Last week we looked at Airbnb. However this week, we see that Booking.com is a very different business to the other Online Travel Agencies. It is almost entirely designed around a convenient guest experience, which has been a big factor in its market leadership for hotel guest bookings.
The high volume of bookings, particularly for the European market make it attractive to hotels and even VR owners. For many, the advantages of extra bookings outweigh the disadvantages.
However, the booking.com system is not designed to make it easy for VR owners! The challenges for VRs are:
- ALL bookings are instant book.
- There is no dialogue with guests prior to booking, and no way to decline a booking once you get to know the guest
- The system encourages the ability for guests to cancel at the last minute without penalty
- All listings are written by the booking.com description writers. You have no say in what they write and no way to promote special experiences during the guest stay the way you can for other Online Travel Agencies. However, they always do list the name of your VR.
- The contract with the property owner usually requires price parity, forcing the owner to not advertise a lower price anywhere lower than the price on the booking.com listing.
- The owner takes all payments
- Credit cards are often declined in the weeks and months after the original booking is made
Like the other OTAs the ranking algorithm is not revealed, but it seems that the general principles for the algorithm are:
- More frequently booked properties are ranked higher than local competitors
- better reviews help rank higher
- properties available at a 10-15% discount to “Genius” club guests have a higher exposure and get more bookings
- higher commissions paid get you ranked higher
The deck seems firmly stacked against the VR owner, but there are a number of things VR owners can do to optimise their use of booking.com.
What you can do
Firstly, if you are exposed to high risk through the system, don’t use the booking.com platform! For example, large remote properties where there is no representative on site are vulnerable to damage from party guests.
If you do decide to list with booking.com make sure you stand out from your competitors.
- Make sure all your facilities are shown on your listing and are accurate
- Have excellent photographs that make your property stand out
Like all Online Travel Agencies, you should encourage your guests to submit reviews through the system, particularly the ones who have a great experience. The more reviews the better, the higher rating the better.
Challenge the description
If there are aspects in your description that have been missed, go back to Support and tell them, and offer a suggested change. I have done that successfully where our ocean view was omitted from the original description. I pointed out the omission, using a number of quotes from past booking.com guest reviews who loved the ocean view, so it was the customer saying it, not just me. I made it easy to make the change with new suggested wording, and it was changed next day.
Select a strict cancellation policy
The guest culture is to expect to be able to cancel at the last minute. The system default is last minute cancellation, but you can set a stricter cancellation policy to avoid late cancellations. Eg where the guest loses their payment if they cancel within 6 weeks of the stay.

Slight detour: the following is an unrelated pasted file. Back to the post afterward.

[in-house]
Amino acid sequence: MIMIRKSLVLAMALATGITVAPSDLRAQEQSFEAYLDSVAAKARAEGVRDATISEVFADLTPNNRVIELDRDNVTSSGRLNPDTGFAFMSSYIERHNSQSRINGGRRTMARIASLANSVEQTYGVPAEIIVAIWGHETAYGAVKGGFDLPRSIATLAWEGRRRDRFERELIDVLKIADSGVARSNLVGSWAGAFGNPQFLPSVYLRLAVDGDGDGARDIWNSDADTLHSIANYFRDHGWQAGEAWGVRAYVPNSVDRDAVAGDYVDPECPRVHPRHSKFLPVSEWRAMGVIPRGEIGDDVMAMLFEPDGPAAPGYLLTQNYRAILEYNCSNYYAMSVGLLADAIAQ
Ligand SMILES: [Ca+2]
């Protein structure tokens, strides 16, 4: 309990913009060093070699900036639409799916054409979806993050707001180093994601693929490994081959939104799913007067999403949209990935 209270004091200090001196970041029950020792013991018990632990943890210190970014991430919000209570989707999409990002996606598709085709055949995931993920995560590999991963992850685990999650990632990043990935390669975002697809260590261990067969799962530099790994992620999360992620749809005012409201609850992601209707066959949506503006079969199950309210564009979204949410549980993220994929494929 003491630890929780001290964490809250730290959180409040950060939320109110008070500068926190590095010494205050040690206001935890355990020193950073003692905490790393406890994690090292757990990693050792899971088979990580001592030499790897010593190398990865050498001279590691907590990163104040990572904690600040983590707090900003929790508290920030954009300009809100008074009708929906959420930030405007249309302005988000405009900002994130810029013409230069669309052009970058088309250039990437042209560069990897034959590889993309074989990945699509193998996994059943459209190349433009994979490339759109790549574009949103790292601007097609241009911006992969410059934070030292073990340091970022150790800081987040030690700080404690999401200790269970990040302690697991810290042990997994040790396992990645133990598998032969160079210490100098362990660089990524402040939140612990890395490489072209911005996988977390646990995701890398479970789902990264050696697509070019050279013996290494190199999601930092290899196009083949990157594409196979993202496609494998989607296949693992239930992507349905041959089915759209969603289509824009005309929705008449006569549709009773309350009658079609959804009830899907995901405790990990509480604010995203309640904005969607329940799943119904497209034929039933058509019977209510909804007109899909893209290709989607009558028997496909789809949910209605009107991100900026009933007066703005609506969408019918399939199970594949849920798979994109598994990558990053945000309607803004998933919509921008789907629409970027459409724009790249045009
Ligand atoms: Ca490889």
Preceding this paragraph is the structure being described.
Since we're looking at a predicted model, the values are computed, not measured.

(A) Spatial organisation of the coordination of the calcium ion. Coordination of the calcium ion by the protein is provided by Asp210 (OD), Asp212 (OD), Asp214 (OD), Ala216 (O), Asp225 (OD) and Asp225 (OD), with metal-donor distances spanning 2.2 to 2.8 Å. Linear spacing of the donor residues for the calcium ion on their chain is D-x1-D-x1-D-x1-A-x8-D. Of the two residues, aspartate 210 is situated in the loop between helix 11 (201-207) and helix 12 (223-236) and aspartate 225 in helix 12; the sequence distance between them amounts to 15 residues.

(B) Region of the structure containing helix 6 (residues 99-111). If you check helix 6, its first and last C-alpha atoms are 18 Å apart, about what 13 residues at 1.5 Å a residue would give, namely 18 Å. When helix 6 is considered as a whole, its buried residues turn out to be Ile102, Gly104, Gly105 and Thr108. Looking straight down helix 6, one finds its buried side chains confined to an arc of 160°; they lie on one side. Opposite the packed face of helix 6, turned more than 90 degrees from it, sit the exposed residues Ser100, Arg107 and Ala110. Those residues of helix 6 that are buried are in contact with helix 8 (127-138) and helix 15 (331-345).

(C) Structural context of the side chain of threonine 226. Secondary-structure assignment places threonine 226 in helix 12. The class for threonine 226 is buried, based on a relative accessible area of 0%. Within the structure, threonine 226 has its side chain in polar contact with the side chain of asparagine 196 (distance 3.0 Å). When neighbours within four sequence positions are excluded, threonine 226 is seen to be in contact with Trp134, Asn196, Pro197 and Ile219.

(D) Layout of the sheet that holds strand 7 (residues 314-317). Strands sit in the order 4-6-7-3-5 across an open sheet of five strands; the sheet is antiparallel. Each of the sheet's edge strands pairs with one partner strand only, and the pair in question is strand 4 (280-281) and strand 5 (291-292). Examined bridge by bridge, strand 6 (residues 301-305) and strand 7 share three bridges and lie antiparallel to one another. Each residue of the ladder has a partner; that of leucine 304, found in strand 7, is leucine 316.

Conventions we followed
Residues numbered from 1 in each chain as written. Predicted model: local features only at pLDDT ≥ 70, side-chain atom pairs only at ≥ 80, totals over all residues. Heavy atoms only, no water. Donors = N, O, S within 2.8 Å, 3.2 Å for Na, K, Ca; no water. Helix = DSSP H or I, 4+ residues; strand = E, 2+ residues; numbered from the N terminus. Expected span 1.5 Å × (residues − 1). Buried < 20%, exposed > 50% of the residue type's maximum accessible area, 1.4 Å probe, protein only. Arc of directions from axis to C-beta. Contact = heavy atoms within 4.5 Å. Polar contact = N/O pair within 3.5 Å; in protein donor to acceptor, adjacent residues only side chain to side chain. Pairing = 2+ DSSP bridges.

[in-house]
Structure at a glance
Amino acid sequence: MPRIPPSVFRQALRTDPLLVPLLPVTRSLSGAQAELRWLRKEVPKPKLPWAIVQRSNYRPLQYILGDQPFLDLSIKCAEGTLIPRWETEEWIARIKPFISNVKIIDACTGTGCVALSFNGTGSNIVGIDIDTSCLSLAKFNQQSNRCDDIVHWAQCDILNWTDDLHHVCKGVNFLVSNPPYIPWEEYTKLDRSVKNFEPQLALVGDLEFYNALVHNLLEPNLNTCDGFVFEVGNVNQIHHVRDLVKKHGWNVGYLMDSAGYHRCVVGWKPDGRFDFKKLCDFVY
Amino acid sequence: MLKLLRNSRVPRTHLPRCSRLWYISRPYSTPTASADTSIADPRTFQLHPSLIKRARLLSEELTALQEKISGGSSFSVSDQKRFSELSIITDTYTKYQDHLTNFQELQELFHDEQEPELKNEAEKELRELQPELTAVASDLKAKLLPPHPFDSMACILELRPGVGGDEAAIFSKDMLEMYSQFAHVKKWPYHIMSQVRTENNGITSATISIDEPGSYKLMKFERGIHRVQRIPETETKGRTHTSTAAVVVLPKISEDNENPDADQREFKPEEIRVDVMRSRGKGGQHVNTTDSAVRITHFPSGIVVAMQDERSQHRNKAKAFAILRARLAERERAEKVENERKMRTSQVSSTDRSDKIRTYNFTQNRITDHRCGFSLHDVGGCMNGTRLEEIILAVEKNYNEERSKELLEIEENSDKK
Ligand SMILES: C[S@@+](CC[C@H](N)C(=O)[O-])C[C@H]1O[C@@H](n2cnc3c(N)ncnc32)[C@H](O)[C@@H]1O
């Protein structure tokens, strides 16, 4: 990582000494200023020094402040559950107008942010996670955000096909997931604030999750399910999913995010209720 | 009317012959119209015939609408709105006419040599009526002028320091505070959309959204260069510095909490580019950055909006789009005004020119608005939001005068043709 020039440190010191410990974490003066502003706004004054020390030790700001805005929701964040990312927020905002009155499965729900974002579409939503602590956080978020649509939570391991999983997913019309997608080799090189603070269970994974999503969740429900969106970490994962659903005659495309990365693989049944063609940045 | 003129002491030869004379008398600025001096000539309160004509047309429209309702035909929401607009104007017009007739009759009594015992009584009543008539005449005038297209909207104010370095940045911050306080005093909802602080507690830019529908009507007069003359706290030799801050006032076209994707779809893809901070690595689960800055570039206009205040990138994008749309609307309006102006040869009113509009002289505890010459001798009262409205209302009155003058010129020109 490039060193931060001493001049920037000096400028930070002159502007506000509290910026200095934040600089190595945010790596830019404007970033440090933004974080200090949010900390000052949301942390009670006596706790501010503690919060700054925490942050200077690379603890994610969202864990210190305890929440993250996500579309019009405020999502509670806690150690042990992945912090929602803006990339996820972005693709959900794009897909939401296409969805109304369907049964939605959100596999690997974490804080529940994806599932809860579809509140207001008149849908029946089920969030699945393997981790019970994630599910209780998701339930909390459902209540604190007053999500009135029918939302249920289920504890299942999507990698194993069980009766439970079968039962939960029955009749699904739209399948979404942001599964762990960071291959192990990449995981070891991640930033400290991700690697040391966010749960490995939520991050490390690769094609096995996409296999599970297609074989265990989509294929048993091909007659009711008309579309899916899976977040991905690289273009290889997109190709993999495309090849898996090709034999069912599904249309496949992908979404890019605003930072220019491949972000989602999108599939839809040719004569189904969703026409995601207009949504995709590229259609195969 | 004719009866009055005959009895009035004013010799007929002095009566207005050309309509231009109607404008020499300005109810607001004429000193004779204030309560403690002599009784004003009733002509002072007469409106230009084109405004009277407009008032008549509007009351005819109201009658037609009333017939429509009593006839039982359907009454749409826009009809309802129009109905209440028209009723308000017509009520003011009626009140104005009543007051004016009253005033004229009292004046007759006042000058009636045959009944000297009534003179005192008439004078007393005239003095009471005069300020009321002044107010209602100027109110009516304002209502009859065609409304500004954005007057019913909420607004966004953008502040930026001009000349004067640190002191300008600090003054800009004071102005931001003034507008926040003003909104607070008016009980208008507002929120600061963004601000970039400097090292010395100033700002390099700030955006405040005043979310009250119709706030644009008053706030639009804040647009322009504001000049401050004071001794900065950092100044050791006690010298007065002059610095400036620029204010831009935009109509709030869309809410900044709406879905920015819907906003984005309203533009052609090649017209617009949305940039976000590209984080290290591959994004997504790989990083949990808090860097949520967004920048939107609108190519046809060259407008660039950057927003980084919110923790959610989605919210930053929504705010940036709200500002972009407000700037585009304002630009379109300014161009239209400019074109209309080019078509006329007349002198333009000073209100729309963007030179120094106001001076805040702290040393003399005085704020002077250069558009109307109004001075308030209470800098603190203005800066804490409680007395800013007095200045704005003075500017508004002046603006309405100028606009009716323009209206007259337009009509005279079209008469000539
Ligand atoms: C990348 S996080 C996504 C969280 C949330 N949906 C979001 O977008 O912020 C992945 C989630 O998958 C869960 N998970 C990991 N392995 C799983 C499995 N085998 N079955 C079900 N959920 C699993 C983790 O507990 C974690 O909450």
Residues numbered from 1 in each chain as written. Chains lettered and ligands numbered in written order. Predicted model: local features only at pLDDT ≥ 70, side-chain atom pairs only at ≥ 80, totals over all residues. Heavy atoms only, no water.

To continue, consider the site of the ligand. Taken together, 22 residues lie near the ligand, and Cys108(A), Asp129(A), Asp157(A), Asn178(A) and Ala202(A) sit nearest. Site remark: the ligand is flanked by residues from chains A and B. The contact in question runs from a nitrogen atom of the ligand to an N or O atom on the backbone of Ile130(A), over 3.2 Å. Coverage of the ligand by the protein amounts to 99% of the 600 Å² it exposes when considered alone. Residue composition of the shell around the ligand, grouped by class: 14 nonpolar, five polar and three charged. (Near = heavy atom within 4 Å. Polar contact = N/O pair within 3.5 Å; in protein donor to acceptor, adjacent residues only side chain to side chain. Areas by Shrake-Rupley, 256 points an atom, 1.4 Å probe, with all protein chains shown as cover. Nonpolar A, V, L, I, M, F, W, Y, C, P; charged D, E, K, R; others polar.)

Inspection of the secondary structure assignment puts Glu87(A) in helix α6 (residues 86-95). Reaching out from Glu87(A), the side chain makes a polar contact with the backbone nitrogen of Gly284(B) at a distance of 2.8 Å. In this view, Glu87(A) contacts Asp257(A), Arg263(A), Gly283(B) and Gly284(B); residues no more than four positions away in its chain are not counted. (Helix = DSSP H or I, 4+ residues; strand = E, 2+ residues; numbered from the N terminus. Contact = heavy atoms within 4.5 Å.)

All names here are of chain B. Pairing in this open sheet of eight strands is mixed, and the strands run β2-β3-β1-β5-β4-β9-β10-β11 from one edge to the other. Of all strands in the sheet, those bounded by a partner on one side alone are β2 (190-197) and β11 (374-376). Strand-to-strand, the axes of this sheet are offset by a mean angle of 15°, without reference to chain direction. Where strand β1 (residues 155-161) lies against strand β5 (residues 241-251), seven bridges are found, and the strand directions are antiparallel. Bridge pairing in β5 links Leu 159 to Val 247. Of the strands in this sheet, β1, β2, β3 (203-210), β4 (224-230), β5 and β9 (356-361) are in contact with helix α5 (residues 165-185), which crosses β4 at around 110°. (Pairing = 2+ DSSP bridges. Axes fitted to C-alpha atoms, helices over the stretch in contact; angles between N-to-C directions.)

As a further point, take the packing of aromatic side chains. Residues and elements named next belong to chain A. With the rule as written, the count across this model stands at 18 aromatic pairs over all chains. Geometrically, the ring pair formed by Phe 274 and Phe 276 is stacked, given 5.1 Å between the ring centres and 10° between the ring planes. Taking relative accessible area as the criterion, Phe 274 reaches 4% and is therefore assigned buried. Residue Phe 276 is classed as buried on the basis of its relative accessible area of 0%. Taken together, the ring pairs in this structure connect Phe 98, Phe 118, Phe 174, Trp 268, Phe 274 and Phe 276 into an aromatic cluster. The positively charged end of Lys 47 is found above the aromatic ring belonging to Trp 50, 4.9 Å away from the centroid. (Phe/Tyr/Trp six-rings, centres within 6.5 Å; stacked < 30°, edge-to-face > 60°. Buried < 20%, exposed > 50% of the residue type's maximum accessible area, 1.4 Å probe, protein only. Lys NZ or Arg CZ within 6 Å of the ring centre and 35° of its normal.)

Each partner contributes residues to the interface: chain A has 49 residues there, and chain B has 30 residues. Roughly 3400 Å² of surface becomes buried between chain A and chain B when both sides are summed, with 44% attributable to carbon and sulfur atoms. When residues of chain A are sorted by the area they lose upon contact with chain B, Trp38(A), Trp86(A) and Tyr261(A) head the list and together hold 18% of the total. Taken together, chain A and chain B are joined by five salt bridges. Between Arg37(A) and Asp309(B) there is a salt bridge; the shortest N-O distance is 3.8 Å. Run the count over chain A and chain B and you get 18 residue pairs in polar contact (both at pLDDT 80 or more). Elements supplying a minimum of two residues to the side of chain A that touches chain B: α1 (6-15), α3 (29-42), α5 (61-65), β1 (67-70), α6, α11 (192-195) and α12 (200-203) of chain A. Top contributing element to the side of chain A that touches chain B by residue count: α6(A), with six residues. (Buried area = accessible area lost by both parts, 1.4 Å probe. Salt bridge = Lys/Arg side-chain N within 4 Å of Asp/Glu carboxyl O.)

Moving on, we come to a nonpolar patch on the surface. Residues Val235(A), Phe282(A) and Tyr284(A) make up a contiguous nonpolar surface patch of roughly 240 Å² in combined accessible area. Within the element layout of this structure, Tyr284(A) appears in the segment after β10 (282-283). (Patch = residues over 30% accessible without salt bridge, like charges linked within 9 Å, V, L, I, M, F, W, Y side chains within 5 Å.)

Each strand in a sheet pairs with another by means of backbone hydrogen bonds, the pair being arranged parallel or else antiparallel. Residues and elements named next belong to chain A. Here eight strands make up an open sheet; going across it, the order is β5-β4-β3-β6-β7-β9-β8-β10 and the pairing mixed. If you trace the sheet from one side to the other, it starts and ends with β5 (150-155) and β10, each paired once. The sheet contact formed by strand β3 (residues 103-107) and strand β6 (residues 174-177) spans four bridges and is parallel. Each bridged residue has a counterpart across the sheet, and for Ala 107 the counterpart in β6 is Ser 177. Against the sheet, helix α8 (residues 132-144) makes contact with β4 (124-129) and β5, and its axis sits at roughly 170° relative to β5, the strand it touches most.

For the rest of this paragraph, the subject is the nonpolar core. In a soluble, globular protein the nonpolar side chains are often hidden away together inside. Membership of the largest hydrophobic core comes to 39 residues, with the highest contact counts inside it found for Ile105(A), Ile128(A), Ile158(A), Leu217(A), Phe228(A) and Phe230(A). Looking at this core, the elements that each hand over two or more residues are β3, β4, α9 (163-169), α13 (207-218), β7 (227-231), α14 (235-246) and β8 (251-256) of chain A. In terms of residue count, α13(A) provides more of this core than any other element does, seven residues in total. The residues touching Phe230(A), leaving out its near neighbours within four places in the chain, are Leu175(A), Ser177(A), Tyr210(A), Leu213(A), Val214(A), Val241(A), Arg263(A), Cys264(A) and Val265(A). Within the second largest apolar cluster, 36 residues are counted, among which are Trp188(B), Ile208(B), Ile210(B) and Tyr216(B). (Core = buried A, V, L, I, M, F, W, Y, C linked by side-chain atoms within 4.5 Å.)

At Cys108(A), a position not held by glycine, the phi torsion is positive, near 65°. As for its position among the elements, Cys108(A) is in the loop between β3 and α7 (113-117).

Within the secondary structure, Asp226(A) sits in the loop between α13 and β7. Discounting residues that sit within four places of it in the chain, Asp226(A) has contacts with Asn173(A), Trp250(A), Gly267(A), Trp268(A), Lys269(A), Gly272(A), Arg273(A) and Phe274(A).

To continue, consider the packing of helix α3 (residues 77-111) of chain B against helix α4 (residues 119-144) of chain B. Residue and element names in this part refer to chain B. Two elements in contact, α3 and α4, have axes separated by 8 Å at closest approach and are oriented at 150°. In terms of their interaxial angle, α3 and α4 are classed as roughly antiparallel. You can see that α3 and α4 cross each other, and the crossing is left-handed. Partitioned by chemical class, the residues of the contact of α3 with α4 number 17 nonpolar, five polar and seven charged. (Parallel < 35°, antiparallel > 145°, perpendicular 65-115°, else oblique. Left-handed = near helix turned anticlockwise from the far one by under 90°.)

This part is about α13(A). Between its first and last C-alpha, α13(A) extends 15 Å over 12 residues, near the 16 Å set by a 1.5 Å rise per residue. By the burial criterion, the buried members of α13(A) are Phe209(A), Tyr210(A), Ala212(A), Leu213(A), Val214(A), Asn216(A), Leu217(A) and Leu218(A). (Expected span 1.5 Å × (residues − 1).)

If no one is on site, encourage your cleaner to cruise past occasionally and report back if there are potential issues, like more cars and people on site than for the booking.
After the booking is received, have a chat with the guest to make a relationship. Use the power of the crowd. “We are a small business and so lucky that guests like you invariably look after the property, thank you for choosing us”.
If you have a guest that you are uncertain about with and their card is declined at time of payment, you can report the non-payment and request that the booking be cancelled. In most cases it will be cancelled.
Side-step the price parity clause
In many countries, the price parity clause has been found to be anti-competitive, eg Europe, Australia. In those countries, lower pricing on the owner’s website is allowed for loyalty discounts. In Australia, the owner can set any price for telephone enquiries to the owner’s own website.
Given the growing market dominance of booking.com, consumer authorities are likely to further water down the price parity clause, as anti-competitive behaviour is clearer.
Hotels with hundreds of rooms are easily scrutinised for keeping to the parity rule. However many hundreds of sole owner VRs who are confused about price parity anyway are harder to scrutinise. A smaller owner is likely to set any price they want and if challenged, reasonably say they are confused by the complex 11,400 word agreement. Any crackdown on an individual owner would attract publicity and public outrage at the oppression of a small owner by a giant dominant player, and would possibly trigger a review of anticompetitive behaviour by authorities.
Take care with no-shows
If there is a no-show, you need to formally log it in the Booking.com system within the timeframe (48 hrs), or you will be charged a commission on someone who cancelled at the last minute, a tough double whammy.
Key takeaway: Weigh up the potential extra traffic versus the risks associated with the booking.com instant book system before signing up, as there is no ability to refuse bookings